Before we delve deeper into the telephone user interface problem, lets see where battle lines are currently drawn. Up to this point, the infrastructure of our desktop super-reality has been an increasingly powerful set of generic operations accessed by selecting menu items or pressing toolbar buttons. These toolbars became attached to the standard architectures of the underlying programs. In Windows COM applications, embedded objects could take along pieces of their "home" menus and toolbars and cunningly and complexly merge them into the menus and toolbars of the applications editing the documents in which these objects are embedded. This in contrast to the Web world, where designers slang about "blowing away the chrome," their term for the gray menus and toolbars that encrust documents like user interface barnacles.
Trouble is, so much of what passes for user interface design discussion these days is just so much "anti." Anti "chrome," anti desktop metaphor, etc. Add up all the anti and no wonder flitting from Web page to Web page seems at times regressive. Back to the bad old days of one screen of menus leading to another screen of menus. Some contemporary commentators on user interface go on about speech recognition, or 3-D, without realizing that it's not 2-D that makes interfaces the way they are. It's not even bitmap displays. The desktop metaphor is rooted in virtual coordinate systems first invented for CAD applications so that objects could be moved without disturbing their internal data about their dimensions. Until the would-be Web-based alternatives offer some real alternative to the logical structures underlying the desktop metaphor, it cannot replace it with something more powerful.
The hope of replacing the architectural underpinnings of the desktop metaphor might well be in vain. Let's look at the way humans have consumed information for millennia: marks on flat surfaces. Paper and ink, the objects modeled in the desktop metaphor are but a recent adaptation of a fundamental human communication form. So while modeling the office work environment might well be on the way out, it would be premature to think that marks on a flat surface, whether smudged by the thumb of a cave man or traced by electrons on a screen, will cease being our main non-verbal communication.
Post-literacy has been cited by some as the downfall of desktop metaphor. We will return to the tribal village of emotion and physicality, conveyed across space by our video images. Faugh! Even McLuhan who first elucidated the relationship among types of media did not think that new media and their evident enabling of the return of tribal structures and interactions was a good thing -- it was just a thing, a fact, and one he could explain uniquely well.
So stuck between the imperfect implementation of the desktop metaphor, and the ill-understood changes driven by the Web, the would-be designer of the next telephone user interface stands, far worse-off than before. What can he hold on to? What should he let go of? Where will the new world of user interface design lead?
Modeling reality vs. the document metaphor: This is first hurdle of user interface design in computer telephony, and one that few contestants overcome. Should a telephone user interface model the look of a telephone? The answer is yes and no, but clearly and resoundingly very much mostly "No!" (N.B. we cannot in this space answer the deeper question of whether a telephone user interface can be entirely put on a computer screen -- that is, whether the receiver should be as fundamental a part of the physical complement of a computer's user interface as the mouse and the keyboard.) But we can say a hearty "no" to pictures of phones on the computer screen. The telephone operates a network, creates a paper trail in the accounting software at the CO, and takes input from our knowledge of who we want to call, when, and at what number. These are the deeper fundamentals of telephony, not the keypad and especially not the feature-buttons of a telephone. Translate these deeper fundamentals into operations -- document oriented operations -- on the computer screen, and you are on the right track to a telephone user interface.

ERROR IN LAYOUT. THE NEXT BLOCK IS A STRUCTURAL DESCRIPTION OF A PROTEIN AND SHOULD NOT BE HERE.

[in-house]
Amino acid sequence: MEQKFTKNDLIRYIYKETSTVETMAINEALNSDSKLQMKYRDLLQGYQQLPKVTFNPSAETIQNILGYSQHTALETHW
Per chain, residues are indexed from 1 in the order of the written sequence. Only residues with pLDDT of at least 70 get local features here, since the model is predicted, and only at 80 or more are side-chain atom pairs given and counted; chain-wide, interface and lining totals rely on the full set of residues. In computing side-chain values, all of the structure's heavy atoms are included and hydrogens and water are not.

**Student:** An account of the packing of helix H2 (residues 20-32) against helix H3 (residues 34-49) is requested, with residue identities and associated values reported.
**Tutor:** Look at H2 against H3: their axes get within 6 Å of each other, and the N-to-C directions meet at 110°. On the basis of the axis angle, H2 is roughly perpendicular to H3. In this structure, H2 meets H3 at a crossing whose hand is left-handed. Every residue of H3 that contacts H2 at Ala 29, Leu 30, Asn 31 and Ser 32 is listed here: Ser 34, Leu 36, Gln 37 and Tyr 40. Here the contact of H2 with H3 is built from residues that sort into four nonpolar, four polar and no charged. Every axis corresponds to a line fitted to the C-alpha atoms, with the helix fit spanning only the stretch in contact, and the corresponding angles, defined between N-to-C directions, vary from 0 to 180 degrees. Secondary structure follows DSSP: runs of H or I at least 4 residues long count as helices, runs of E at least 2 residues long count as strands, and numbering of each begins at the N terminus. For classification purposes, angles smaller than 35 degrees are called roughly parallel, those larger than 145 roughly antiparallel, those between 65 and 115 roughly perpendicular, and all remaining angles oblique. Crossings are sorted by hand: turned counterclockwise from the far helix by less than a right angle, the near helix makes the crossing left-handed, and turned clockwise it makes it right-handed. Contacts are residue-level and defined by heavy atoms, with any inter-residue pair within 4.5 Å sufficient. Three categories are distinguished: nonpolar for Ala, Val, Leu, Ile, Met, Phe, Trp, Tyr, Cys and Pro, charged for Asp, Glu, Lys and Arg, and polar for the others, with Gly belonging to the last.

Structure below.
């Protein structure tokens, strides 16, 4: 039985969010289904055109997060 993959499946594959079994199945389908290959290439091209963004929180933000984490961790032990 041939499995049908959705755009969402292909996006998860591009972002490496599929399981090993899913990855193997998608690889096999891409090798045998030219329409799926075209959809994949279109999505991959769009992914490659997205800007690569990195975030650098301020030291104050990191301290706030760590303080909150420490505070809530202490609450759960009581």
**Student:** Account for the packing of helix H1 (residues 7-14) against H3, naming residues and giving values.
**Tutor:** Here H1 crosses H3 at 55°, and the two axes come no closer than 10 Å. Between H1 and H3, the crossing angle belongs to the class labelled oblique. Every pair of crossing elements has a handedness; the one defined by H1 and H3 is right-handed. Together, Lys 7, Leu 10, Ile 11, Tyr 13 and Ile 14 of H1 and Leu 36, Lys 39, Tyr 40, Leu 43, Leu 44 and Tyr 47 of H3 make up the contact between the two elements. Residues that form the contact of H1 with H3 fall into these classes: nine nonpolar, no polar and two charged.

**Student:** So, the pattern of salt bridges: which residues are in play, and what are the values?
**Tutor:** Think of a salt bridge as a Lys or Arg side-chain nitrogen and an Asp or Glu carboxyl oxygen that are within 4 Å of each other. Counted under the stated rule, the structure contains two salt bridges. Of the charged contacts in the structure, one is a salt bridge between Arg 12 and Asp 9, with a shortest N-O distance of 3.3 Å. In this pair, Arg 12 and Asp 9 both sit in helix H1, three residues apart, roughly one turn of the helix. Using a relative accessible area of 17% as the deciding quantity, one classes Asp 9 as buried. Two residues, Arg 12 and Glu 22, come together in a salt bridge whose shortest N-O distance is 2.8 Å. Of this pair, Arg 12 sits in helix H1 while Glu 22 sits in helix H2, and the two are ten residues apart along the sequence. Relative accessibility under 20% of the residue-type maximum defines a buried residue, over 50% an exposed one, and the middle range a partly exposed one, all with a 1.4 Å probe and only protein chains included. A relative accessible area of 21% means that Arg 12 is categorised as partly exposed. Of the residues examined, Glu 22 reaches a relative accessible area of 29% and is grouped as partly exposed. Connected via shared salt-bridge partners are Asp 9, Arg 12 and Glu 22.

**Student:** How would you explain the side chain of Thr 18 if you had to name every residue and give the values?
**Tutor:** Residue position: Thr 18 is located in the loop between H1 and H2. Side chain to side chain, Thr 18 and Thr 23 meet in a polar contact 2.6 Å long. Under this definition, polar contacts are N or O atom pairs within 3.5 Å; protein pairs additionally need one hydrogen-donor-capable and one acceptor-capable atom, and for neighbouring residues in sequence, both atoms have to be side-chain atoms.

Windows look vs. Web look: Well, if we've cleared the hurdle of fake LCD displays and flagrantly breaking the generic-operation model of the computer interface by putting a telephone's button's on the screen, we now need to check which path to take. Do we translate the phone into a Windows COM program, with multi-tab dialog boxes and neat rows of toolbar buttons? Or do we step into the intimidating open spaces of Web design? The latter looks more risky, but consider how many things Microsoft has thrown overboard in their pursuit of dominating the Internet scene. Will Windows go "chrome free?" Will the Web kill dialog boxes that remained impervious to the desktop metaphor drive toward direct manipulation? My bet would be with the Web. Kill your toolbars. Slaughter your dialog boxes (and good riddance). Annihilate your gray beveled buttons.
In other words, do things the Web way for the right reasons. We should have the freedom to shape our user interfaces distinctively. But don't abandon the elements of the desktop metaphor that are rooted too deeply to be moved by the Web: The act of phoning people produces a document, a record of who you have phoned, a plan of who you will phone, and notes on what was discussed. Phone calls have relationships to other documents -- mail messages, address book entries, etc. A picture of a telephone on the screen captures none of these relationships. Do this right, and you have a chance at making a genuine improvement in the way people work.
Copyright 1997 Zigurd Mednieks. May be reproduced and redistributed with attribution and this notice intact.